September 26, 2023

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Duluth firefighters rescued two adults and two children from the cribs, offshore from Canal Park, on Tuesday after the group started breaking through the Lake Superior ice while trying to explore the ruins.

The ice provided a walkway for people to explore the cribs — also known as Uncle Harvey’s Mausoleum or the icehouse — for much of the winter, but more than a week of above-freezing temperatures has caused the icy pathway to thin.

The St. Louis County Sheriff’s Office reported that Superior residents Melissa Besvold, 34, and Brian Bridge, 37, along with a 6-year-old girl and a 11-year-old girl, attempted to walk to the cribs when Besvold broke through thin ice. Besvold, Bridge and the two children were able to reach the offshore structure. Rescue crews received a call for help just after 5:30 p.m.

It’s unknown how long they were stranded offshore before Duluth firefighters responded, Assistant Fire Chief Mark Herman said after the incident.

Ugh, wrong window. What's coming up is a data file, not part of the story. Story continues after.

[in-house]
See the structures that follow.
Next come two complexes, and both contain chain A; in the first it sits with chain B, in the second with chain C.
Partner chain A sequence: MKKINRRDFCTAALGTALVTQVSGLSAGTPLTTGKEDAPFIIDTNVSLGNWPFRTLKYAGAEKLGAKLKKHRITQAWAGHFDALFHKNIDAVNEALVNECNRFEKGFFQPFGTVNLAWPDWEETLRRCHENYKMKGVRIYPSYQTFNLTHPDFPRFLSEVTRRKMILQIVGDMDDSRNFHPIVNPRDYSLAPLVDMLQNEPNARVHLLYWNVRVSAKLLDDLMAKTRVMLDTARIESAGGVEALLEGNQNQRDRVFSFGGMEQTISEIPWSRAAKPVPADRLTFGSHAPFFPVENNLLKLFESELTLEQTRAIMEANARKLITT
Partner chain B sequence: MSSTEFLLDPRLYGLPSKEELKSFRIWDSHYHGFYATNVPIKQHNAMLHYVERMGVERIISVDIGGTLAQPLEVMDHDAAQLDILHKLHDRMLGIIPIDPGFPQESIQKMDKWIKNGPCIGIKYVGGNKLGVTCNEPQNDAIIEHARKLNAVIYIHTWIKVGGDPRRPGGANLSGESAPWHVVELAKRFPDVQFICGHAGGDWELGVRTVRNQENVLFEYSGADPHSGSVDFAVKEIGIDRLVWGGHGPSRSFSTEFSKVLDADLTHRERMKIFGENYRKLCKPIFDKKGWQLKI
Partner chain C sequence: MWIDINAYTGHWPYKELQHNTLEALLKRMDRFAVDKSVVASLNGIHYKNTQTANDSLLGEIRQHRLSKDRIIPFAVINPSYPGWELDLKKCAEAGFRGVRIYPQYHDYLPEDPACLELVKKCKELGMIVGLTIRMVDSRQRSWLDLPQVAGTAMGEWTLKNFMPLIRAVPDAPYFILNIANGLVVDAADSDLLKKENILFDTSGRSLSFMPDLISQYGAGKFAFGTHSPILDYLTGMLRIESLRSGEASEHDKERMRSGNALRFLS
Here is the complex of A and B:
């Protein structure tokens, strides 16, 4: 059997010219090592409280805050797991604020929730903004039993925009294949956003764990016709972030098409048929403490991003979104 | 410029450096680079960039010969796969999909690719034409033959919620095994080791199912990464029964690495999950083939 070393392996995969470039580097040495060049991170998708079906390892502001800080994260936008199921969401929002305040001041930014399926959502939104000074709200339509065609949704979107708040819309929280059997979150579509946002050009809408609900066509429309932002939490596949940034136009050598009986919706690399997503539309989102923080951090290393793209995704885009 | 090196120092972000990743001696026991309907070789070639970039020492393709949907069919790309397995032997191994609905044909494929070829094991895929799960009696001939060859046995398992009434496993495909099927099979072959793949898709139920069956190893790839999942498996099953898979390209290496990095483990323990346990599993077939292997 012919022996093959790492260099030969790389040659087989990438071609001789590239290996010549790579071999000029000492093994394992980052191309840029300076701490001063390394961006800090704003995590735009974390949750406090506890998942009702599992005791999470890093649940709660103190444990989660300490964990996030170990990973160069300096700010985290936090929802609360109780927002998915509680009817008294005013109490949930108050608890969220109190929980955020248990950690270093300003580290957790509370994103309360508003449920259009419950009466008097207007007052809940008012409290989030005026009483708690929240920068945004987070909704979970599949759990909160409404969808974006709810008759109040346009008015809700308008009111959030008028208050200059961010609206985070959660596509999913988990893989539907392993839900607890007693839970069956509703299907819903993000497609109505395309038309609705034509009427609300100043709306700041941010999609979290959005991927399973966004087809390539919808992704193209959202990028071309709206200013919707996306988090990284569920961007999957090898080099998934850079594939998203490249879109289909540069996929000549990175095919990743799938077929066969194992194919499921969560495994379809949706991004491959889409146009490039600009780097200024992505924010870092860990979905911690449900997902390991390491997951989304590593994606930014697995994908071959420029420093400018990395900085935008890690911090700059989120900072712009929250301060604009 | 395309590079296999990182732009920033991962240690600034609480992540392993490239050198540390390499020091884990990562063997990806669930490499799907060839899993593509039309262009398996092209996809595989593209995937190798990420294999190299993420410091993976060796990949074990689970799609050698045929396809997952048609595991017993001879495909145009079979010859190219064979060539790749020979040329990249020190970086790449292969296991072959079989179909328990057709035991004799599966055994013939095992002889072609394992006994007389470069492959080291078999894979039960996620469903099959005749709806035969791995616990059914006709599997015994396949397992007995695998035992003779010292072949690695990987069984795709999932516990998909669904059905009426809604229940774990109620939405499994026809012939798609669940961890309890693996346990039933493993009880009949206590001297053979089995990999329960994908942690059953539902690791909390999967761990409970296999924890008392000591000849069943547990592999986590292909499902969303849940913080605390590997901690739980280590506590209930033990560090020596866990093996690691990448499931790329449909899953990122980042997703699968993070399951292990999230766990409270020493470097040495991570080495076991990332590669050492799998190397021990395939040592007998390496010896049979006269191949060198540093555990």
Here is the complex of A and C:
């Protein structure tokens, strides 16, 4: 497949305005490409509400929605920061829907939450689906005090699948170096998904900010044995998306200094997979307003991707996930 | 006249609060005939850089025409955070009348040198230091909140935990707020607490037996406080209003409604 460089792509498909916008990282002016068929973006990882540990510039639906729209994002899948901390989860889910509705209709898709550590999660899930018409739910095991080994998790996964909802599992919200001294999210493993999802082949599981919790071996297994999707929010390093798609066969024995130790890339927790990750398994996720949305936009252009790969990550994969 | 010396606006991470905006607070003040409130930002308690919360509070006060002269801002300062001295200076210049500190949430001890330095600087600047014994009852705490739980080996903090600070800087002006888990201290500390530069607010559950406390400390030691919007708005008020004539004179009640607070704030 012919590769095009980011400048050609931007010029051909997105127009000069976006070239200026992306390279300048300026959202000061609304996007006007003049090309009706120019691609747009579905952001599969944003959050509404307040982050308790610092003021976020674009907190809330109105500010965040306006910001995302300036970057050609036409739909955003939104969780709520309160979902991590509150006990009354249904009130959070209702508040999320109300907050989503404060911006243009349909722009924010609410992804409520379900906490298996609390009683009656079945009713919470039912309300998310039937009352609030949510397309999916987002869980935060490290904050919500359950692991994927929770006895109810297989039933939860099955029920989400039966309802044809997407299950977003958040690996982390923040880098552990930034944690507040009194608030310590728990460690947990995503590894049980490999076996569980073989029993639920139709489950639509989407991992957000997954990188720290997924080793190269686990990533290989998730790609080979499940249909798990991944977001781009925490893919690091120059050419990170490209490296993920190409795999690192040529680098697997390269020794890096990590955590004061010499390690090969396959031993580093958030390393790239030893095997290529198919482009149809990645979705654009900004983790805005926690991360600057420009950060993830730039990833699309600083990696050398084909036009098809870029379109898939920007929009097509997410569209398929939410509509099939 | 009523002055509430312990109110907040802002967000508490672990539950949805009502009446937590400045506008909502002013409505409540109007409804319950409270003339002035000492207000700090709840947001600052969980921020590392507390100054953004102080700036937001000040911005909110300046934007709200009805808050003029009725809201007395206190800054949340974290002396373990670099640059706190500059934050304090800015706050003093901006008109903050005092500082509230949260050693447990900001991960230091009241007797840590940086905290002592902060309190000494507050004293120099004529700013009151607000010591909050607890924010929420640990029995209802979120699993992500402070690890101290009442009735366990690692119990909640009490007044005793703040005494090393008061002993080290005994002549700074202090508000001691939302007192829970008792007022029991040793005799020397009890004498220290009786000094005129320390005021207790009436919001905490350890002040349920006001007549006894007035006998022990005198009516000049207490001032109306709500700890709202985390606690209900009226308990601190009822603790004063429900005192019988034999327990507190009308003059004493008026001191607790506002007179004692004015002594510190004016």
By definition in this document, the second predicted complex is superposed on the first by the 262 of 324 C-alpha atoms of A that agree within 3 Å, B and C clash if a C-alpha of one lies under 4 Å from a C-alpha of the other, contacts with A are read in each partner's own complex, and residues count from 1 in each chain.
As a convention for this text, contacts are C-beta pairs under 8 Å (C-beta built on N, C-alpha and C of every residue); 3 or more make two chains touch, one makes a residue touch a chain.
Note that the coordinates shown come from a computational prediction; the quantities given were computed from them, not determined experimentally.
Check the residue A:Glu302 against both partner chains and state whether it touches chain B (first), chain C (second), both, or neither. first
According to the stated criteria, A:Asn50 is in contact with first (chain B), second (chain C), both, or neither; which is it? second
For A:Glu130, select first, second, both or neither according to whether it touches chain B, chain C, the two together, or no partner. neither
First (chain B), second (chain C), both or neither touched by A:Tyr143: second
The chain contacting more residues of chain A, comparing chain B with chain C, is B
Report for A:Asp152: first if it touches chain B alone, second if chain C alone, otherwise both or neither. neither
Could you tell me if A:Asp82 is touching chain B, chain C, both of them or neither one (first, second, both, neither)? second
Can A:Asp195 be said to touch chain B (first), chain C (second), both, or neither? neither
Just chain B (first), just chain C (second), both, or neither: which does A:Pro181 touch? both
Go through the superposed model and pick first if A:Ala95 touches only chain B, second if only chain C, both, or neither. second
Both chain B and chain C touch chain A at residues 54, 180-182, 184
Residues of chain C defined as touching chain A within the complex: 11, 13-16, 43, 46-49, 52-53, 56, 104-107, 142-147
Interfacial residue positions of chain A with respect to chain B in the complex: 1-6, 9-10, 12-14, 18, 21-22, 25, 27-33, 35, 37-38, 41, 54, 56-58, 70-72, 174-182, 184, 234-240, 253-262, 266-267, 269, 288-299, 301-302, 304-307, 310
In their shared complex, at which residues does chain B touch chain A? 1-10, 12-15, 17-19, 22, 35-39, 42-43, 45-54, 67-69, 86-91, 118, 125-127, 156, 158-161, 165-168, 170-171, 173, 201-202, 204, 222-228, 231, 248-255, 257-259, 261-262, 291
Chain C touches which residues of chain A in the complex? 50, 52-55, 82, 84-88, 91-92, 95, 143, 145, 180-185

A crowd of passersby stopped to watch the rescue from the Lakewalk as firefighters donned yellow cold-water rescue suits and brought the four people life jackets to wear as they waited on the south side of the cribs for their turn to be ferried back across Lake Superior’s thin ice. All four made it to safety, two at a time, in a raft pulled back to shore with the help of a firefighter guiding it over the ice.

Within a half-hour of the initial call the four people were brought to a waiting Gold Cross Ambulance, with rescuers carrying one of the girls over the large rocks and Besvold making her way there in wet clothing.

No injuries were reported, but the four people were wet, cold and scared, Herman said.

The U.S. Coast Guard arrived and stood on the Lakewalk with its raft on standby in case it was needed. The St. Louis County Rescue Squad also initially responded to the scene.

Herman said anyone wanting to walk out to the icehouse will need to wait until next winter; the lake ice is moving and unsafe to walk on.

The cribs or “mausoleum” was built in the late 1910s as part of a short-lived sand- and gravel-unloading dock. In more recent years the ruins have been a much-photographed landmark along the Lakewalk, a magnet for summer swimmers and winter walkers.

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